“The more it goes, the more I hope to be recognized as having my own personality, my own habits, without being told: oh, you have the personality of your father and the gestures of your mother, continues the one who has just signed with a new agency, without even telling his parents. I don't have a pass because I have known parents and I have to go through the same audition process as everyone else."

She brags about the humility of her parents who had ups and downs, which she believes makes them better.

“These are my models, adds the one who also has to juggle the sometimes derogatory and nasty comments on social networks. For my part, I think I would like to keep the artistic side as a side-line and not as the main discipline, because it is too unstable a job. For the moment, doing chronicles excites me more than playing characters. We will see."

Daughter of host, actor and musician Normand Brathwaite and singer Johanne Blouin

Elizabeth Blouin-Brathwaite grew up in the public eye. The one who sees herself a bit like “the granddaughter of Quebecers” explains that the best gift that her famous parents could have given her was to believe in her and in her talent.

"They also allowed me to meet and get advice, from the start, from experienced people to show me the job like Dan Bigras, Lulu Hughes and Patrick Bourgeois", says the musician who can be seen on stage in Quebec and Ontario. “I was able to blossom with advice from high caliber people. My mother told me that she always knew, deep down, that my voice and my talent as a musician were going to come out of me one day and it happened when I was a child.

It was in the company of her singer mother – who is still her vocal coach and guide in the profession today – that she began to sing to release a first album entitled A wonderful world at the age of 8. . Then, a Christmas album that would launch his career. Her mother gave her a lot of advice on the job, including how to have confidence in herself, to move, to shine and to take your place on stage.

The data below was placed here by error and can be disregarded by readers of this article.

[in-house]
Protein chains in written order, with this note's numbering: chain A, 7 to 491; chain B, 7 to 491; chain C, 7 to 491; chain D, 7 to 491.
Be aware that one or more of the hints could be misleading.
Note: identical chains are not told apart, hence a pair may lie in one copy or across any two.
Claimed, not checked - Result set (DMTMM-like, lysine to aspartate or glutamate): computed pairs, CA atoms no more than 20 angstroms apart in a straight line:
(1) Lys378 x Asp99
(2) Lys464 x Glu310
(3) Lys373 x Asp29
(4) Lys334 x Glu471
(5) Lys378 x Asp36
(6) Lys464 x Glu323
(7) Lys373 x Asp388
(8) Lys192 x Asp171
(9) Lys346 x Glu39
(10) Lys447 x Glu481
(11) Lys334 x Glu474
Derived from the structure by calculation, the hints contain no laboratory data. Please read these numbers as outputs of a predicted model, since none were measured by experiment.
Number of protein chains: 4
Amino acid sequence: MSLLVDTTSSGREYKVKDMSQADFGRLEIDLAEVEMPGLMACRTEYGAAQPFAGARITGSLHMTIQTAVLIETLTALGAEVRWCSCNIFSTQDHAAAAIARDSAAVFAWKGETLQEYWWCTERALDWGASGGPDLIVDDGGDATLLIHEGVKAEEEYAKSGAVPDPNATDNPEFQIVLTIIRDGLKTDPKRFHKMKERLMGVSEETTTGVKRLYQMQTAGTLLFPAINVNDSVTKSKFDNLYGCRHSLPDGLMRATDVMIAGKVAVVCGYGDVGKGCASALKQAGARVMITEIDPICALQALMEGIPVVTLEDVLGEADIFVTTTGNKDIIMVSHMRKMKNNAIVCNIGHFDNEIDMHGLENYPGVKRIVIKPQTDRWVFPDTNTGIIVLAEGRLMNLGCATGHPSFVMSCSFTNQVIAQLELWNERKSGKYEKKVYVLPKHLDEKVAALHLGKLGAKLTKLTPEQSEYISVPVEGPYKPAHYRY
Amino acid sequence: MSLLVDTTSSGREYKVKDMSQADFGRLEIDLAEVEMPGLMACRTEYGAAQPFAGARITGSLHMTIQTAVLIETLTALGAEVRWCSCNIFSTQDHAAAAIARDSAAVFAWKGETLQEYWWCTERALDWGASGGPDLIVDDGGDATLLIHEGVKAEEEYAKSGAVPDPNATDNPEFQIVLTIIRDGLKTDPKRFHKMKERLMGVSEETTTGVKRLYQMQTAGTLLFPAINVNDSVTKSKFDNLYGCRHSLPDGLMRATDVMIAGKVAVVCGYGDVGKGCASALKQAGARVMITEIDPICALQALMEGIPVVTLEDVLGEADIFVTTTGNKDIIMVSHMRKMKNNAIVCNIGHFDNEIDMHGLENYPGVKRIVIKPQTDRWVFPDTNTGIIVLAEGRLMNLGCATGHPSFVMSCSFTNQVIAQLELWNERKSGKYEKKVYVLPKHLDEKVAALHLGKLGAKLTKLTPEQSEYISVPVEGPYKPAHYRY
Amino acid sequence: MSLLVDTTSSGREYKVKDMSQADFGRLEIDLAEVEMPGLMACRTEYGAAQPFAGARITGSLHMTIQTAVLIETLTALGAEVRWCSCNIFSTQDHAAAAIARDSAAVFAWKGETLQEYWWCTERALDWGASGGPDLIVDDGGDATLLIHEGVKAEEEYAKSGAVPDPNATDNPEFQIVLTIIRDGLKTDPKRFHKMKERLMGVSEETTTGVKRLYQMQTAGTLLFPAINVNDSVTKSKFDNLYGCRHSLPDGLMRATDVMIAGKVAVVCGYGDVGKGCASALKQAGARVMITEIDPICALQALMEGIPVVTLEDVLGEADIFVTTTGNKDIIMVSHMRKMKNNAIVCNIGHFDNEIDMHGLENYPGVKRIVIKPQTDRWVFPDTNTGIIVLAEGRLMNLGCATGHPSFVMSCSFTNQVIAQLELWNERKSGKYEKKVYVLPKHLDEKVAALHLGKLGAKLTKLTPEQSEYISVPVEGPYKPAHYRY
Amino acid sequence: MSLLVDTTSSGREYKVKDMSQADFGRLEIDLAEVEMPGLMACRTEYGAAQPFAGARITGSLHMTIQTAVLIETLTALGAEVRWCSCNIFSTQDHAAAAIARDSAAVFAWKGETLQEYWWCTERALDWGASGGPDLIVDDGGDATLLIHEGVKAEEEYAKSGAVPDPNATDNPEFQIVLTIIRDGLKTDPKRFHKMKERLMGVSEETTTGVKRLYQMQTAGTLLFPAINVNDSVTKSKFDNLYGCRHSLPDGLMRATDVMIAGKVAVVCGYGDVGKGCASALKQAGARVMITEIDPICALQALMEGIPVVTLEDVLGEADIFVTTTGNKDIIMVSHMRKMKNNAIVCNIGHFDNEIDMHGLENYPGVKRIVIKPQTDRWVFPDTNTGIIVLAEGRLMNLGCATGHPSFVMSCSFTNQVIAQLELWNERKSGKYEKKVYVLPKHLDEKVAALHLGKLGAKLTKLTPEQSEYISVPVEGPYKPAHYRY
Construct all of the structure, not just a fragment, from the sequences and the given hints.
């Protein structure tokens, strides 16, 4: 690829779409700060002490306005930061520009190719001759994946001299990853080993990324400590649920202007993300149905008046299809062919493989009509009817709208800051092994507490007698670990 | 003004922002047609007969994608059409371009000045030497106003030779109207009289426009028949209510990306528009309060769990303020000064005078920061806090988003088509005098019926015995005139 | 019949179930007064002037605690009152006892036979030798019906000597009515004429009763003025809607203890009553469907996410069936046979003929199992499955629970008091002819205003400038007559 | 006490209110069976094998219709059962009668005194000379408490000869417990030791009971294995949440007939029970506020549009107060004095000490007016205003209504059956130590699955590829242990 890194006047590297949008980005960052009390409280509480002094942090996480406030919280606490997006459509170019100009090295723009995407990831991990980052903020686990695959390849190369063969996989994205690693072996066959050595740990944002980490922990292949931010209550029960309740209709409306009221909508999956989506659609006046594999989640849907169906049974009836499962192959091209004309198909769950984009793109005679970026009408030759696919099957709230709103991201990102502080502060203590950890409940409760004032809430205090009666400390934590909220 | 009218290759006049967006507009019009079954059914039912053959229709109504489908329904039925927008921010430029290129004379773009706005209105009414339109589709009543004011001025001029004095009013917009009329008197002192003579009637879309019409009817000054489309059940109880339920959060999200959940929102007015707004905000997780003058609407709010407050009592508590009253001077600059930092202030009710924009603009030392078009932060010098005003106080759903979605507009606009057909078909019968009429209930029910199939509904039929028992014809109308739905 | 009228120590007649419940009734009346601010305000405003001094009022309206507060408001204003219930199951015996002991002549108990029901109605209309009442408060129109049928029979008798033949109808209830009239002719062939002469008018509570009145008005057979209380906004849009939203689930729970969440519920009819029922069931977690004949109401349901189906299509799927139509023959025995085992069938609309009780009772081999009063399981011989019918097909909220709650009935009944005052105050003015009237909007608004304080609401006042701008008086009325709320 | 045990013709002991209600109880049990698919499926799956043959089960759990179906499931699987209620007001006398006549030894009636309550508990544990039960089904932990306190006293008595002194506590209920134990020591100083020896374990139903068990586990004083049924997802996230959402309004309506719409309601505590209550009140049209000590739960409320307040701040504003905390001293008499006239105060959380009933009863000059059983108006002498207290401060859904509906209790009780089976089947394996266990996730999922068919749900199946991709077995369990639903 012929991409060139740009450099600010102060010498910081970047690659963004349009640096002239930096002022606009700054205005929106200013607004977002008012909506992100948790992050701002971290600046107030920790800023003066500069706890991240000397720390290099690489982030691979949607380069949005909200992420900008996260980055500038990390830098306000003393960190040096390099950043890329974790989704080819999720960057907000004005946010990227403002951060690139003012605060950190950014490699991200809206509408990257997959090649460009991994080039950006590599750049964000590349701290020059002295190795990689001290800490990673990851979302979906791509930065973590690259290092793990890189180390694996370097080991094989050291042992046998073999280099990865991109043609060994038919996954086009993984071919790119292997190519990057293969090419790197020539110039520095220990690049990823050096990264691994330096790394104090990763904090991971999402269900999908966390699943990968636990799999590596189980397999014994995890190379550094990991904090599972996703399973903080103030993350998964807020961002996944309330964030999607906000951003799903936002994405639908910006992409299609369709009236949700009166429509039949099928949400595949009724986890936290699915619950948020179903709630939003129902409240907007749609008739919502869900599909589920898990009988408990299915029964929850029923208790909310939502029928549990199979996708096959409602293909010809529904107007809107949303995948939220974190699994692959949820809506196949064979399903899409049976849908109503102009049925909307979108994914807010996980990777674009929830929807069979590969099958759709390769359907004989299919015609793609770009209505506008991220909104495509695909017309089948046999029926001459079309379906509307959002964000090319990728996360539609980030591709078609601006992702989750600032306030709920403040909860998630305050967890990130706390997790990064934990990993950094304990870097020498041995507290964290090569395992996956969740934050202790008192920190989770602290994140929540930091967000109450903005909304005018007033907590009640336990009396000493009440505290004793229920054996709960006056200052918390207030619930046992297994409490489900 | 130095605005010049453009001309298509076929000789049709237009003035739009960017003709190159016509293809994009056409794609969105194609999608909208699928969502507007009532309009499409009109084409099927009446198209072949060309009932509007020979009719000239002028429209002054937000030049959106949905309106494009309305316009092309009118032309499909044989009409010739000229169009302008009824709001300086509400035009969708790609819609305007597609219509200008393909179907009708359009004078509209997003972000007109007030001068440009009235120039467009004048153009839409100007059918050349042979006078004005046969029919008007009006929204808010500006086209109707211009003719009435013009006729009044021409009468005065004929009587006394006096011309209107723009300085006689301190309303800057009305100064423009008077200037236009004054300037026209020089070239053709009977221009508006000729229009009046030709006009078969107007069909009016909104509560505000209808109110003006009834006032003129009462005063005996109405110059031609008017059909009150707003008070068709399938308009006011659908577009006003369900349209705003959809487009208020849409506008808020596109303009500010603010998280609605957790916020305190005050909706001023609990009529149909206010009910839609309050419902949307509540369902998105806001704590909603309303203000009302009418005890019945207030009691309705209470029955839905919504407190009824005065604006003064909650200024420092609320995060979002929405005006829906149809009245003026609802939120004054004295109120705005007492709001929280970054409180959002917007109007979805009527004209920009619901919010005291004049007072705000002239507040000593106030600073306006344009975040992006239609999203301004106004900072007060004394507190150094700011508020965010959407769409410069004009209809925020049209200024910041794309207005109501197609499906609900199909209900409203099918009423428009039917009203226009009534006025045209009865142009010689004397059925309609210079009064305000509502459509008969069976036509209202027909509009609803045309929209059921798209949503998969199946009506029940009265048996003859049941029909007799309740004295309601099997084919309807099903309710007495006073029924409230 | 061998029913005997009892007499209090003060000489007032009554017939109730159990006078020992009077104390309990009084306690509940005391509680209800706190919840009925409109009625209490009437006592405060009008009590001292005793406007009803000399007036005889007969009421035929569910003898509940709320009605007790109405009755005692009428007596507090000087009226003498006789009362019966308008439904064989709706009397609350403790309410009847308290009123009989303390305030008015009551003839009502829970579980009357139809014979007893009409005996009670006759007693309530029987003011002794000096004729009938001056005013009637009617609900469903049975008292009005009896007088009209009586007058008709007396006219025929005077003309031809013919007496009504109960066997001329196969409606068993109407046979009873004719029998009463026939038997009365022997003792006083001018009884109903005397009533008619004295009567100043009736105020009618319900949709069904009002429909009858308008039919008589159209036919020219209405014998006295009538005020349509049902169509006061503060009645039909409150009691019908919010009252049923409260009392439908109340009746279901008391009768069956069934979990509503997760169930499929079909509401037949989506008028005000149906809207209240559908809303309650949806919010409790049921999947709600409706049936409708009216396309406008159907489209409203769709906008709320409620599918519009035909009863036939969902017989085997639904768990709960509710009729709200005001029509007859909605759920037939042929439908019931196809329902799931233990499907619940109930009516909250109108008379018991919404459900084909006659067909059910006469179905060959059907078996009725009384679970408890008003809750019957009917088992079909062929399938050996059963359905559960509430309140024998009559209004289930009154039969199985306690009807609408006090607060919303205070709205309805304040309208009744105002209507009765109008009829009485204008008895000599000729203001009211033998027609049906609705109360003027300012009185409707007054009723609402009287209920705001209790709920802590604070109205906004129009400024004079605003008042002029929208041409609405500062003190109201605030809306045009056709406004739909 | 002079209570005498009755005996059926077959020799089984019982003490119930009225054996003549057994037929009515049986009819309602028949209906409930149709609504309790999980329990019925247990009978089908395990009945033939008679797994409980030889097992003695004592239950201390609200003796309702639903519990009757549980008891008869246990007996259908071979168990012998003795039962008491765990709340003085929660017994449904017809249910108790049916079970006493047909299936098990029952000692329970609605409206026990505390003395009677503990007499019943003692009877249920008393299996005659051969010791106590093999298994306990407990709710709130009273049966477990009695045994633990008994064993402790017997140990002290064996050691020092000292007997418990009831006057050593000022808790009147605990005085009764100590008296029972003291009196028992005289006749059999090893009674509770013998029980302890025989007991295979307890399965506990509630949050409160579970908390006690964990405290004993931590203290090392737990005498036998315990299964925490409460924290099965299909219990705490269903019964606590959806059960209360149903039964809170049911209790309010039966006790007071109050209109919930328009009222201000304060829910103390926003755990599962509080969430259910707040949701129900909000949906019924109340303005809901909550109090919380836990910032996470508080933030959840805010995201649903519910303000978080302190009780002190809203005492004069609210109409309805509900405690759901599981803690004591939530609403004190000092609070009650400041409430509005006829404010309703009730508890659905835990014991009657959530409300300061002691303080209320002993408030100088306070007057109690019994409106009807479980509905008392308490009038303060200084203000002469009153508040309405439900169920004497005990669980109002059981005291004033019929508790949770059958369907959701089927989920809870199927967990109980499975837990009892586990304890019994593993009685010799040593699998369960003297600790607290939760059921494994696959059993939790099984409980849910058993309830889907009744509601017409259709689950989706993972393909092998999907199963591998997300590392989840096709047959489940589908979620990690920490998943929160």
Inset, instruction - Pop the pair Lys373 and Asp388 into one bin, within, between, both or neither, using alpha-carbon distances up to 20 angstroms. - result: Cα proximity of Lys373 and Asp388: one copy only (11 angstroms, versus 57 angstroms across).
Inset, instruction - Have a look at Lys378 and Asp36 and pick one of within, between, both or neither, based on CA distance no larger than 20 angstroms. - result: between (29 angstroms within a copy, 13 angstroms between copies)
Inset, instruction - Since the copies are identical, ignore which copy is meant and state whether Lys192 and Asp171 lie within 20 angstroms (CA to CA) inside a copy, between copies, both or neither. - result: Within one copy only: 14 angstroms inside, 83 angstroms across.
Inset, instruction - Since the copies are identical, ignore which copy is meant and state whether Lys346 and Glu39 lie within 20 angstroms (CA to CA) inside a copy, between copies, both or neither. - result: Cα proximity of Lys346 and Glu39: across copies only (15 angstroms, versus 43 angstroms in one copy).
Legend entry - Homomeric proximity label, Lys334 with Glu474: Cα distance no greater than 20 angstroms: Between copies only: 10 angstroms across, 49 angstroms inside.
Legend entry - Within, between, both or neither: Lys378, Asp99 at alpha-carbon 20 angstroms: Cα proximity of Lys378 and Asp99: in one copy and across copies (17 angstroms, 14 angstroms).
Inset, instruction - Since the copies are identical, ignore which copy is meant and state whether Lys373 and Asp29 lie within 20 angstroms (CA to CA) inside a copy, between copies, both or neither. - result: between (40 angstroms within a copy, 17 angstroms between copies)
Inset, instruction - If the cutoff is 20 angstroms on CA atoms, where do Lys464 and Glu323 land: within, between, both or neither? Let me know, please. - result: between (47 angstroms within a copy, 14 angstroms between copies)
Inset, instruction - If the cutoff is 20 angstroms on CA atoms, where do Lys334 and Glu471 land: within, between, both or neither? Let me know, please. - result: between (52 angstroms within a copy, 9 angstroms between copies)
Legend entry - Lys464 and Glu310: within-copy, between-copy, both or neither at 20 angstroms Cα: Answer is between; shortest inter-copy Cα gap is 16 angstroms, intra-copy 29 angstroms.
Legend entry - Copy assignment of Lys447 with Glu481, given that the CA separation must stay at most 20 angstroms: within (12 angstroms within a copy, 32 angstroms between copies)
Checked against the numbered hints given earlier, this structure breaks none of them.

“Both my parents have always made sure that I am well, continues the new mother who saw only positive in the fact of having known parents. They constantly asked me if I liked it, if I was okay. They supported me and were very proud of me. They showed me everything, even at the level of the attitude: to know everything by heart, all the time (the scores, the lyrics), the respect with all the people, I really took all their advice”.

From her father, she retains the recommendations of rigor, good energy, respect and listening to colleagues to demonstrate at all times on the sets. Elizabeth actually sees herself as a perfect amalgam of her two parents.

“It paid off in my life”, launches the one who mentions having never heard bad comments according to which she was “the daughter of”. "I've never known anything else, so for me, that's the normalcy of things. With my father and my mother, the doors opened for me and now it's me who asks if my parents can come to my shows (laughs). My father, for example, comes to play with me with the Eli and the All Stars Girls Band.”

Elizabeth is happy to have parents who are very present in her life. Inevitably, their family dinners are full of anecdotes of shows and music; it's all part of their way of life.

“Elizabeth was 4 years old and I knew she was going to do this, confided Normand Brathwaite to the Journal. She was putting up curtains in the basement and she wasn't singing with her hairbrush, she was singing into a real microphone! There are people like that, you don't say anything, it goes without saying, you let her go and you encourage her. I watch Elizabeth today, she's comfortable on a stage like that doesn't make sense! I am very proud of her talent and I am especially proud of what she does with it.”

Son of actors Danielle Proulx and Raymond Cloutier

If Émile Proulx-Cloutier became an actor-singer-musician, in short a creator and an artist in his own right, it is among other things because he grew up in a family of actors who applied themselves to showing him that with hard work, anything was possible.

The one who can be seen shining in music and texts on stage (most recently with the wonderful show À mains nues) as well as in cinema and television explains that it is the fact of having always seen his parents work at fund their various projects, despite the successes that motivated him to do the same.

"I have parents who have done all kinds of business," he explains. As much auteur cinema as shows in an experimental theatre, as soap operas, TV series and summer theatre. They touched on everything and everything is done with the same heart. For them, there is no hierarchy of projects. Everything is important. They say to themselves: I will do what I have been entrusted with with all my heart. For me, it was a deep learning experience.”